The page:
“when the only purpose of so doing would be to enable it to consult people, who are not now using it. That would be an expensive and over-legalistic exercise which justice to LH does not require especially as there is no reason to suppose that the Council is not performing its duty to assist LH to find alternatives to Hartleys within her personalised budget.”

So the real object of the litigation was not achieved.


This comes at the other end of the spectrum when compared to the Rusal metal trading case – where the LME only backed one horse. Here, the council did not reveal which horses it was backing until after closure of the consultation.

So the first message is that a council must be up-front about what it might do when it consults on closures, or else it will have to carry out two-phase consultation – deciding, say, that two day centres costing £x need shutting over the county, and then consulting on which ones should be closed.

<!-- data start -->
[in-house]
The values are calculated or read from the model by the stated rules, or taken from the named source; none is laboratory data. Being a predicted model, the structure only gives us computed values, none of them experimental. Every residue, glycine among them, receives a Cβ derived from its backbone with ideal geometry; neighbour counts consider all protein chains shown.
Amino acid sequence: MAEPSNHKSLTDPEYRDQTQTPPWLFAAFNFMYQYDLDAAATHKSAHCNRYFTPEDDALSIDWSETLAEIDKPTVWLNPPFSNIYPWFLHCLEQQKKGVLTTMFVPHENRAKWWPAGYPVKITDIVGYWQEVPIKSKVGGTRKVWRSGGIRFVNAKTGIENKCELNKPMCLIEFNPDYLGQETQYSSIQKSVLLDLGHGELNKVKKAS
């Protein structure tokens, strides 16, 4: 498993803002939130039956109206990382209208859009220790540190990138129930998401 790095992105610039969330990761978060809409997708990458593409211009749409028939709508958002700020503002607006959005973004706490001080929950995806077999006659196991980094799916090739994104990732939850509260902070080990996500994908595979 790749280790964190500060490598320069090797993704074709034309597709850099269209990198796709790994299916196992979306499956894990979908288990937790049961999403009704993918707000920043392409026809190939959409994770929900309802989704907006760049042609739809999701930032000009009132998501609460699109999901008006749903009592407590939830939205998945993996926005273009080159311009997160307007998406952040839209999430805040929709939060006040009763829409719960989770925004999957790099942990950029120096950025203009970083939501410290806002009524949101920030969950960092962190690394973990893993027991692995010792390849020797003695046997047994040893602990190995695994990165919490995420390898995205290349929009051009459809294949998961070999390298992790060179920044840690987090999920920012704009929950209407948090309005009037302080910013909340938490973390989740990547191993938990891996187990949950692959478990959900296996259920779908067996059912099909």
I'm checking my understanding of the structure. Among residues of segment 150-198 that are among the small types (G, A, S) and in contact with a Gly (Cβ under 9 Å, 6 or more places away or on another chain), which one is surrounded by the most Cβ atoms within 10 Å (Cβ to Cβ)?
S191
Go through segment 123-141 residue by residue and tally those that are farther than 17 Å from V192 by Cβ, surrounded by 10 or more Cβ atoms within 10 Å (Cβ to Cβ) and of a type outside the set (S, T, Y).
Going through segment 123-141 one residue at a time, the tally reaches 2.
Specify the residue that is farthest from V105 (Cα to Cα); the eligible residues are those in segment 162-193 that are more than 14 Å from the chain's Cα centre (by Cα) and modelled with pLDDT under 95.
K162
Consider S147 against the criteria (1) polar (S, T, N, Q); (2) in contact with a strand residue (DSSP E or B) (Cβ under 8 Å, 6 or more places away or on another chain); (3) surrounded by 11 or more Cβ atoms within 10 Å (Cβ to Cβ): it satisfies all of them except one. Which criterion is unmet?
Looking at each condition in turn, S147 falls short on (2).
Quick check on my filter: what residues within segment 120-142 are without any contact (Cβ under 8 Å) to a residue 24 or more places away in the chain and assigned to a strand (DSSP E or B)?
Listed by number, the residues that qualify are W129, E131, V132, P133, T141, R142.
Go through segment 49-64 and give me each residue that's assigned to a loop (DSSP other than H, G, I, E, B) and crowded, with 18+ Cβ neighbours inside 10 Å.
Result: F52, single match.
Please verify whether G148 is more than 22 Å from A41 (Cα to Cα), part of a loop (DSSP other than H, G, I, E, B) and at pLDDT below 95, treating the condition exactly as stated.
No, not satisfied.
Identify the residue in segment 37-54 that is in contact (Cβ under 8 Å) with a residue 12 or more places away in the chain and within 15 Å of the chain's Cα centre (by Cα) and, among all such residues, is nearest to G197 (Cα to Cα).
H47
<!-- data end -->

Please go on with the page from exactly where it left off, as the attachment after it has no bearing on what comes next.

The second message is obvious. Interim relief freezing the status quo pending the final decision is critical. This may not be easy, because it may involve trying to persuade a judge who has just ruled against you to freeze council plans pending your appeal to the CA. But once you get to the CA and seek permission to appeal, you have to renew your application for interim relief, otherwise you end up, as here, winning the battle but losing the war.

David Hart QC is a barrister at 1 Crown Office Row. He can be contacted This email address is being protected from spambots. You need JavaScript enabled to view it.. This article first appeared on the set's UK Human Rights Blog.